Category Archives: American Jewry

Welcoming Interfaith Families

This the text version of my sermon from 5/5/18, reflecting on the upcoming bylaws change for the congregation in terms of the membership status of people who are not Jewish.

     Just a couple of days ago we posted a link to our FB page of a blog post that has now been clicked on and read more than 3000 times.  The post explains a change to the synagogue by-laws that the congregation will vote into effect Wednesday evening May 16th at our annual meeting.  The by-law change has to do with the status of non-Jews at Beth El and membership.  Up to this point, someone who was not Jewish could not technically be a member of the congregation.  For years and years there have been many non-Jews in our community, playing meaningful roles in the life of the synagogue, making sure that their children are at Hebrew school every week, sometimes even attending services regularly, involved with committees.  But until now, technically they were not members.  

     But the recommended change in the by-laws will formally grant membership status to non-Jews for the very first time in Beth El’s 70 years history.  There will still be some caveats in place, and for the time being people who are not Jewish would not be asked to chair committees or to serve on the board.  But at next year’s annual meeting, folks who are not Jewish and who are members will have a vote and will be fully counted in the required quorum for the meeting.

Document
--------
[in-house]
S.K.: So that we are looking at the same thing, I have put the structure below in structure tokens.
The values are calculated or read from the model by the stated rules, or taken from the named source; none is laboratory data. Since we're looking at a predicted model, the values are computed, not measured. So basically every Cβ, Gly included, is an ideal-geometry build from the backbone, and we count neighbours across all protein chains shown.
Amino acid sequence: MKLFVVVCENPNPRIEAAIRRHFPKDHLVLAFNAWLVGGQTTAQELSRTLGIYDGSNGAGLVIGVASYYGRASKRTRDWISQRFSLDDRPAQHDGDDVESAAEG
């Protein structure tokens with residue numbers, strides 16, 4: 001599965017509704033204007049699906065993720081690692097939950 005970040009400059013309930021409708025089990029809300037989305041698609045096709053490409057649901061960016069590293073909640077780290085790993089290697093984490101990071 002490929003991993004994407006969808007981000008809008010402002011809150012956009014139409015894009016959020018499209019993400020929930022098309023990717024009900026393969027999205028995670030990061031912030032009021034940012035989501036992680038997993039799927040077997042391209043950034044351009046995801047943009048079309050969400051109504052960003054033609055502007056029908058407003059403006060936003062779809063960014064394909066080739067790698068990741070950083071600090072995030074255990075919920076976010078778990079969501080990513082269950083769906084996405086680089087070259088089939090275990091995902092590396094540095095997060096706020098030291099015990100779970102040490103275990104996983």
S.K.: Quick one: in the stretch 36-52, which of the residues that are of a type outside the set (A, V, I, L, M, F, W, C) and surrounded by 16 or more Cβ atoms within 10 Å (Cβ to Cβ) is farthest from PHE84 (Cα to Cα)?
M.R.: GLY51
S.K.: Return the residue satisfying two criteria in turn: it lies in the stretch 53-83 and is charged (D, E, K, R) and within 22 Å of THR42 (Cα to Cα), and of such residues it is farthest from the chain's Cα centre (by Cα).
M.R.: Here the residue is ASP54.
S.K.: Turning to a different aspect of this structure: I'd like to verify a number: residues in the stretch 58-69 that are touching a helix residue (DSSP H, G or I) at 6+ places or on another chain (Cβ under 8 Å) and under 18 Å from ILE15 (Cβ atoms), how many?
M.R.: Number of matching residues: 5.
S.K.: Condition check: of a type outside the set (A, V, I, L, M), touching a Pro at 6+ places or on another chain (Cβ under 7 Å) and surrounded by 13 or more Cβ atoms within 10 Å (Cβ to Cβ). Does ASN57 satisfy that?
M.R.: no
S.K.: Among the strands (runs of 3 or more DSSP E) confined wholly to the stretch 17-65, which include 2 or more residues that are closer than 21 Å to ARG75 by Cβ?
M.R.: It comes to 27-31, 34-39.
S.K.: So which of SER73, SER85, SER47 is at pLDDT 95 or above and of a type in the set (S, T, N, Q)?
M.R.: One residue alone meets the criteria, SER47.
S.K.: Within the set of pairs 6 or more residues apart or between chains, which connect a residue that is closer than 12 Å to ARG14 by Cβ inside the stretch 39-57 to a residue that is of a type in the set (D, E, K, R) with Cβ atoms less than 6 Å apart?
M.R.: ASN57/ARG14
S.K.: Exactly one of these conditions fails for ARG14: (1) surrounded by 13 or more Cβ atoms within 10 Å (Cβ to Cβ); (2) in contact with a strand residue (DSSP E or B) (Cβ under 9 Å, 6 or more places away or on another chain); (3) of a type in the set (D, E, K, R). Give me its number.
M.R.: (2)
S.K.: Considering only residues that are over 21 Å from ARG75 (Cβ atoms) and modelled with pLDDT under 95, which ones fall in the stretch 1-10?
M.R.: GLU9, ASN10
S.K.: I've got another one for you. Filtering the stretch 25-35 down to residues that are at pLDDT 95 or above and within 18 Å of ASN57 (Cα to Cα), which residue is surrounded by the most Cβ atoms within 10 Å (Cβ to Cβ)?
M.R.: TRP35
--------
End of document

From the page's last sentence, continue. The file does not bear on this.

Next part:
On the one hand the change is symbolic more than anything else.  For many years – going back at least two decades – Beth El has been one of the most progressive synagogues in the Conservative Movement in terms of opening our doors to non-Jews and interfaith families.  People who are not Jewish have been welcomed to our bimah, to stand with their children at the ark during a bar or bat mitzvah and read a prayer, or to stand with their Jewish spouse at the Torah during a baby naming.  Some ten years ago or so we expanded the roles a non-Jew could play during services, creating opportunities for someone who is not Jewish to stand before the congregation and lead us in prayer during responsive readings, both Friday nights and Shabbat mornings.  We have an interfaith havurah here, a group that meets multiple times a year to talk about interfaith issues and to explore together the interfaith journey.  The Beth El clergy, from Rabbi Agus to Rabbi Loeb to the present day, have always made interfaith dialogue an important part of their communal work.